I've been trying to write my "About Me" page for about a year. I finally completed it tonight! Yay me!! While writing it, ever so slowly, I still didn't feel like it's enough to truly understand where my passion comes from. Being a doula and supporting birthing families is a drive that started long before I ever knew what a doula is. To really get to my why, I'm going to have to back up several years. Hold on to your seats, this make take a few attempts.
I was 15 when I became pregnant for the first time. I was afraid, I was single, I was still in high school. For all intents and purposes, this was not a good thing, but I was also blessed. I had amazing parents, who were probably not thrilled about having a teenage daughter that was pregnant, but supported me every step of the way. I had an amazing doctor, who treated me with respect, and believed in my ability to birth my baby. I had access to an high school outreach program to help me complete my credits. I was also fortunate enough to be referred to Alberta Healths Healthy Moms, Healthy Babys* program, which was in its pilot back in 1997.
The Healthy Baby program helped to give me some dignity. I was working part time at A&W, making $4.50 an hour, while going to school. I wasn't making much money, certainly not enough to support myself and my growing baby. With the HMHB program, I received weekly grocery vouchers (which will lead to another story later on regarding the "less fortunate" and dignity), prenatal education, and one on one mentorship with a public health nurse. My health nurses name was Laura (Lara, maybe, it's been almost 20 years). She had mentioned that I was the youngest participant in the program, and that this program would be perfect for me. She was kind, compassionate, and always made me feel worth it. I had never really been around young babies, or changed many diapers, or even thought of breastfeeding. The prenatal classes were exactly what I needed. I was the youngest in the group, and I was the only single mom (accompanied by my own mother), but Laura never put me down, and I always felt welcomed at the group sessions. These prenatal classes also kicked the idea of breastfeeding into my head. Partly because "Human milk is made for human babies, cows milk is meant for calves" - a quote from Laura in class - and partly because, if I breastfed my baby, I would continue to get weekly grocery vouchers for up to a year after my baby was born. Now, this may not sound like much to you, but for me, this was a little bit of me doing something to help support myself. It made me feel slightly less of a burden on my parents.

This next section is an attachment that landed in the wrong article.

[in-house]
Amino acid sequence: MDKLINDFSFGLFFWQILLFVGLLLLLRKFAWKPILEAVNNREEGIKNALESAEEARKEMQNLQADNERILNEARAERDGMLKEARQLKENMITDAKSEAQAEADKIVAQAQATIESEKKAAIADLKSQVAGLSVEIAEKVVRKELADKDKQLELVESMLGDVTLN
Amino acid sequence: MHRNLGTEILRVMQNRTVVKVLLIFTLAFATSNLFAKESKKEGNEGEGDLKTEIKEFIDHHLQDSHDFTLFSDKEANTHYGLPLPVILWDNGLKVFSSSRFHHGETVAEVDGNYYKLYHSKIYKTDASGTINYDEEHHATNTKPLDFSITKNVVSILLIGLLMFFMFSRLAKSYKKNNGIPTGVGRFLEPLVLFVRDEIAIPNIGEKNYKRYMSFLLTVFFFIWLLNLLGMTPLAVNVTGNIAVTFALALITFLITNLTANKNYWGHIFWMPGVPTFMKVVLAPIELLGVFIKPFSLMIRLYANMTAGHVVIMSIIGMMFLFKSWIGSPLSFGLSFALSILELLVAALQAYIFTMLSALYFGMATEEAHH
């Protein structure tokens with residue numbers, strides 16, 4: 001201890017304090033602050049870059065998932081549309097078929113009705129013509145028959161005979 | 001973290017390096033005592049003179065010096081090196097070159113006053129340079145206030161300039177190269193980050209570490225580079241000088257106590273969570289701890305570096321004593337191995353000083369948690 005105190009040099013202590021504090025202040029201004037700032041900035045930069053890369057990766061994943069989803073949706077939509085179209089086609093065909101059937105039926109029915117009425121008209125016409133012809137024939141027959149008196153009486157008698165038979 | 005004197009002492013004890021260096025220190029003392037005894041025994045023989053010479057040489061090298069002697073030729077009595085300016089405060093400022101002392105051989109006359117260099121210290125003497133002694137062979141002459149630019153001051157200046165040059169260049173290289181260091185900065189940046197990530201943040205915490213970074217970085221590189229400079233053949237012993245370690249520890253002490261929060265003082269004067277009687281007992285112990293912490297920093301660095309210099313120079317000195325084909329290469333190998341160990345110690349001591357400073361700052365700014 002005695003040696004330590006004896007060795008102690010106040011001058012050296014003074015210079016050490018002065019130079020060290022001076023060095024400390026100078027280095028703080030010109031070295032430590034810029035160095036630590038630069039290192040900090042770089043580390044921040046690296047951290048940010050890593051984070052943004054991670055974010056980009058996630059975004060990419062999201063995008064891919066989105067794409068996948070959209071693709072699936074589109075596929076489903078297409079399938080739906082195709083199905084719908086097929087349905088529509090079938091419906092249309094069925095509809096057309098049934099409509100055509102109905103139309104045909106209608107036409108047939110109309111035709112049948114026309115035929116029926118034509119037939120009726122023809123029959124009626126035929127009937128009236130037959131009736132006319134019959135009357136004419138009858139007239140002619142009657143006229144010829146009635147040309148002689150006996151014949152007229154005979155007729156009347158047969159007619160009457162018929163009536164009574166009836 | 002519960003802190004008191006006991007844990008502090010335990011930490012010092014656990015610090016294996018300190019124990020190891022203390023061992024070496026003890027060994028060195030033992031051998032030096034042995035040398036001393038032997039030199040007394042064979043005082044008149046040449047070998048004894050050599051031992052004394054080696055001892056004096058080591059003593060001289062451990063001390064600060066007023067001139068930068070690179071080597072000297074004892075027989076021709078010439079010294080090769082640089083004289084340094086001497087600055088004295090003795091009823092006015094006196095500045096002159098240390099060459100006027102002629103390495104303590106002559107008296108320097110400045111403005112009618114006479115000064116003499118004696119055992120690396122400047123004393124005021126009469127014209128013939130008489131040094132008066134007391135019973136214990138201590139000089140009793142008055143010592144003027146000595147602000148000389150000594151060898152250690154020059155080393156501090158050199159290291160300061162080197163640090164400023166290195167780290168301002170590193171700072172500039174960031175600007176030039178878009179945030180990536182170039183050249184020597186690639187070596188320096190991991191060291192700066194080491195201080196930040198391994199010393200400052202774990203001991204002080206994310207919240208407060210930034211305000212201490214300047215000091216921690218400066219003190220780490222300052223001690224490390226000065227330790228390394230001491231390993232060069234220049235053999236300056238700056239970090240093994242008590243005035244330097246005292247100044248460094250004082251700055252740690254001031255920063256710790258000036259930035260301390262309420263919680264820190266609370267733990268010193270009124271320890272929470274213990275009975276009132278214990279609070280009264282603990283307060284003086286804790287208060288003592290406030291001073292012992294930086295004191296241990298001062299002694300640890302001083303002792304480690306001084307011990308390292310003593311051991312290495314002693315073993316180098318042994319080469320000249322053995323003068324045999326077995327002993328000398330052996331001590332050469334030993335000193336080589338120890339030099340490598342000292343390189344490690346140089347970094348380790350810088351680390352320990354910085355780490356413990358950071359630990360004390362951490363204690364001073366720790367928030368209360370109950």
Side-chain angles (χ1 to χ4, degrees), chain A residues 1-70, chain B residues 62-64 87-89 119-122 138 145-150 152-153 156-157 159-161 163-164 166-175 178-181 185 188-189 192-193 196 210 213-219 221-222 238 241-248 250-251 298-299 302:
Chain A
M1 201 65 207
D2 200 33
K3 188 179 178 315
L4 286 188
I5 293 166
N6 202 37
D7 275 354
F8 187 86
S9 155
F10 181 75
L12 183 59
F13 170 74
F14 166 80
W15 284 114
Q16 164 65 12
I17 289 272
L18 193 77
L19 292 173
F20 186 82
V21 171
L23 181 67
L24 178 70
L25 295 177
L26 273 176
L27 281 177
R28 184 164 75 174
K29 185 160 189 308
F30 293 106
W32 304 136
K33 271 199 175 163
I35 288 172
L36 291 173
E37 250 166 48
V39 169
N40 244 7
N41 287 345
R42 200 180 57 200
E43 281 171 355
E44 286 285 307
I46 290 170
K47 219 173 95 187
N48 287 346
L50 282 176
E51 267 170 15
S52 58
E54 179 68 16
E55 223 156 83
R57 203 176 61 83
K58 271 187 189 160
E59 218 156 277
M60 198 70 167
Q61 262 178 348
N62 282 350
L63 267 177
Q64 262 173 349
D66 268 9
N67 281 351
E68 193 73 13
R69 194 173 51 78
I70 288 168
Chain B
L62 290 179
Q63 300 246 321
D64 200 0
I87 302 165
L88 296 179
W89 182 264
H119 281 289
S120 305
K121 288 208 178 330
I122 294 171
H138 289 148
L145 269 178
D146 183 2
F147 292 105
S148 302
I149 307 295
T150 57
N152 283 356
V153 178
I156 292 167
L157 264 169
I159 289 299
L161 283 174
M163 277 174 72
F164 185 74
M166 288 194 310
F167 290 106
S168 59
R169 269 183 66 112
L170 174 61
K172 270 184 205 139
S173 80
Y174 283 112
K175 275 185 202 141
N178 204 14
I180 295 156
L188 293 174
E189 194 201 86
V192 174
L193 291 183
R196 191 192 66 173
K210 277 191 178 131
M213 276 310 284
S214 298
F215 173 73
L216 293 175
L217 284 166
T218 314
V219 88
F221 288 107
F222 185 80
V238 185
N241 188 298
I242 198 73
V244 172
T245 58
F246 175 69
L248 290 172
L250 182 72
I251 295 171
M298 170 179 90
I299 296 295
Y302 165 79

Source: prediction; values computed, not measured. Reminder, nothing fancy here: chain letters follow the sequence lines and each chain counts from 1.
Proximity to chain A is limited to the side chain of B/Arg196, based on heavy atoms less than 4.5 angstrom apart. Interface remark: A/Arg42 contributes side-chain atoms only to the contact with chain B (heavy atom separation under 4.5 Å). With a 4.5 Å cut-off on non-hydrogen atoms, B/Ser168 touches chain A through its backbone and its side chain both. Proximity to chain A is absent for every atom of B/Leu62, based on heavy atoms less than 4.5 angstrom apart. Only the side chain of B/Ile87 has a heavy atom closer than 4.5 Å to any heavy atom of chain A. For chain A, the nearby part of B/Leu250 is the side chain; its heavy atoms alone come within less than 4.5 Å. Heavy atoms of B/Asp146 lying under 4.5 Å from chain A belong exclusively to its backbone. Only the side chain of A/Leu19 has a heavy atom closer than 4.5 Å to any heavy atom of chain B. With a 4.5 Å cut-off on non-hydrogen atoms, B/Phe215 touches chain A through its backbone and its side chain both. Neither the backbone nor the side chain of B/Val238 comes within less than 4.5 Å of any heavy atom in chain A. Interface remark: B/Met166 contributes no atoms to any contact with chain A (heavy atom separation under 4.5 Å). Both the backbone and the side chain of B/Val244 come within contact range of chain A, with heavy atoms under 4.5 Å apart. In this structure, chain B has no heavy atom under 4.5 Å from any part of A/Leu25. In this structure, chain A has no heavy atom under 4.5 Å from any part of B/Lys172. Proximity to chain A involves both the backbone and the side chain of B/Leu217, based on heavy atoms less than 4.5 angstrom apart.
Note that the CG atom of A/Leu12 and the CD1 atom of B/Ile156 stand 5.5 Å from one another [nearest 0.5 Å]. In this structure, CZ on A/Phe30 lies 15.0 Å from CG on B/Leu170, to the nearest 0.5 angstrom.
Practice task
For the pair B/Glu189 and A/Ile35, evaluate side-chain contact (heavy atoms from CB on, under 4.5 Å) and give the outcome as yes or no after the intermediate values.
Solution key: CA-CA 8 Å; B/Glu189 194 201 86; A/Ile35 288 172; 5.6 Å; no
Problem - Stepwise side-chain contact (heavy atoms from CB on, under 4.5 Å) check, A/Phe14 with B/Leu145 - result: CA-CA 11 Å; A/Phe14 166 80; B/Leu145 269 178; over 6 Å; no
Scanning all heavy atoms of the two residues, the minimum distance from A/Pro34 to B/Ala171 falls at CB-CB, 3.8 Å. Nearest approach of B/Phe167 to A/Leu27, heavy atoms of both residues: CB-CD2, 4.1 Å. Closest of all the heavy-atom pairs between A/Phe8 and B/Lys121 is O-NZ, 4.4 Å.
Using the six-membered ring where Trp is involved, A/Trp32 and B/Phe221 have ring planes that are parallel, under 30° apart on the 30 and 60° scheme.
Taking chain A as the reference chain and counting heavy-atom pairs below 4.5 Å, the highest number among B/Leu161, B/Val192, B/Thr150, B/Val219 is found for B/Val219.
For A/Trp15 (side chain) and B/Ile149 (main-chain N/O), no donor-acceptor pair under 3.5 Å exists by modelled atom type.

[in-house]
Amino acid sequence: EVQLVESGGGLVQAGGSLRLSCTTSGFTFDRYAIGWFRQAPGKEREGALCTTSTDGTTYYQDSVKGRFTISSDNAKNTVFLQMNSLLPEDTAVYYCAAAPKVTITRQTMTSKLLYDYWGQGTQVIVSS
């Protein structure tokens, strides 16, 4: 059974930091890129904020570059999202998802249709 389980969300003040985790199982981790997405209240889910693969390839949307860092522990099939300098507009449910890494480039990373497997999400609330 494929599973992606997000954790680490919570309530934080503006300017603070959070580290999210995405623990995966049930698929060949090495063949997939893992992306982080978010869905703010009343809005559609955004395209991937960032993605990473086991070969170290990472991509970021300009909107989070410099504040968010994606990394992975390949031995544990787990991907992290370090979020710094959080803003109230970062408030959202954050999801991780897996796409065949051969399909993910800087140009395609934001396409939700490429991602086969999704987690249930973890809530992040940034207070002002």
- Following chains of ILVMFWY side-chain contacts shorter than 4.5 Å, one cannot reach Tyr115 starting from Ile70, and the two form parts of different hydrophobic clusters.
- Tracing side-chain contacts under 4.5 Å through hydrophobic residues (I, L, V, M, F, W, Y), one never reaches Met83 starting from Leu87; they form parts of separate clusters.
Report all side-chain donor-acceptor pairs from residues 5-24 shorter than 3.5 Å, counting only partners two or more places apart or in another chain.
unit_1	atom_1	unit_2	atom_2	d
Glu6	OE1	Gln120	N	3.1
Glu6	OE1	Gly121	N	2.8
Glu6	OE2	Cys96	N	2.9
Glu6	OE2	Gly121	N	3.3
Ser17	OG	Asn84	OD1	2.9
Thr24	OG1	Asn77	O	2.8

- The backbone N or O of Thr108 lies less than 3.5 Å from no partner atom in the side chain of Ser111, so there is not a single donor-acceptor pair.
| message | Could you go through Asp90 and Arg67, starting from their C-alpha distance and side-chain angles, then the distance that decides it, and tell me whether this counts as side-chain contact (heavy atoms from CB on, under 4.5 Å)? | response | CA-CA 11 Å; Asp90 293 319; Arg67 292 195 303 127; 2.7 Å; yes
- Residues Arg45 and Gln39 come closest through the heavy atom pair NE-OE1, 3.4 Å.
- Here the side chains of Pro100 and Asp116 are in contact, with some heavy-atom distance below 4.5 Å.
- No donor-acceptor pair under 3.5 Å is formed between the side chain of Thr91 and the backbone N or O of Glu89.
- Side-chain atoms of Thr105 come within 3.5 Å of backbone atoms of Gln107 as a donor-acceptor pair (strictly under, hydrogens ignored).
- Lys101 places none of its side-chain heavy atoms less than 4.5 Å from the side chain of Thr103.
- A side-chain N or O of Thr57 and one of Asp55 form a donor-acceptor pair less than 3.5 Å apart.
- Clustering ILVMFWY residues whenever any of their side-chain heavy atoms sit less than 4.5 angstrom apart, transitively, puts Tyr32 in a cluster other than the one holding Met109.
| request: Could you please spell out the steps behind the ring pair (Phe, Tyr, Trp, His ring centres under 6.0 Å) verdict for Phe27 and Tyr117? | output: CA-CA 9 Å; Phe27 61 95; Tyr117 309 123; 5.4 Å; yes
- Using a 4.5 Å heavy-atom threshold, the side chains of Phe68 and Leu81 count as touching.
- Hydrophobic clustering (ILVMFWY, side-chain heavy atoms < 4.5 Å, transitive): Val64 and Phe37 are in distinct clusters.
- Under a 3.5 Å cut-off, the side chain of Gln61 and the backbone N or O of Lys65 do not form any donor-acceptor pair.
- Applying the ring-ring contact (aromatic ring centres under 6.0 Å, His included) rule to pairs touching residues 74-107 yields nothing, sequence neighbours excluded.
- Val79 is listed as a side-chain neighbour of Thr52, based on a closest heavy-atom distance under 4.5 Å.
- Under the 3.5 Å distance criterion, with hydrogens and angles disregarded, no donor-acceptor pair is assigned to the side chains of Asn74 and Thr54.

I had my daughter in February of 1998. Five weeks after my 16th birthday. I had my mom with me, as my daughters father was in Yellowknife, and we were no longer together. My labour was 27 hours, and my mother was with me pretty much the entire time. She had told me her birth story of me a million times before, and another million times during my labour. My mothers story kept me going, through every contraction, every wave of bringing my baby earthside, I knew I could it, because she could do. My wonderful doctor checked on me throughout the night, and showed up at the perfect time the next morning.
Around 9:30 am, I was ready to push. I was frightened, but I had my mom, my doctor, and wonderful supportive nurses surrounding me. I was laying on my side, and baby was crowning. The nurse took my hand, placed it between my legs and I touched my babys head, it was just enough to give me the strength to push my baby out. My beautiful angel Winnie arrived shortly before 10 am on a Sunday morning. I was supported, I felt loved, and in love. I did it. I was 16 years old, I had a completely unmedicated first birth, I pushed her out in 3 pushes, and I was so strong. I will never forget the immediate radiance of love I felt. I've read a quote recently, that says "A mothers love is the only love that flows forward".
We stayed in hospital for 3 days, which was pretty normal back then. The nurses helped me figure out latching, and what babes mouth should look like while nursing. I went home to my parents, brother, and my doggy.
Breastfeeding wasn't as easy as I had hoped. I had cracked nipples, mastitis, engorged breasts. Once again though, I had support. Laura would come over for home visits, and she would help evaluate positioning, and suggested a breastpump to help. I actually was supplementing with formula for a while as well because at one point the mastitis became so bad, that my left breast got entirely plugged. I was antibiotics, and discovered I was now allergic to penicillian. Not only was I postpartum hormonal, with swollon boobs, but I also had an itchy rash. I'm sure I was not the most fun to be around. However, with encouragement from my parents, my dad even drove me into the city to buy a pump, and Laura, I kept on breastfeeding, even with now, only one working breast.
I went on to breast feed until my daughter was almost 3. Which, by todays standards for a teen mother is almost unheard of.
My point from all of this, is support. I had no idea what a doula was back then, but all these people filled that role.
Part 2 coming soon!!
*Info regarding HMHB - https://www.albertahealthservices.ca/info/service.aspx?id=2213
** If anyone knows a public health nurse living/working in the Okotoks Alberta area named Laura, give her a hug.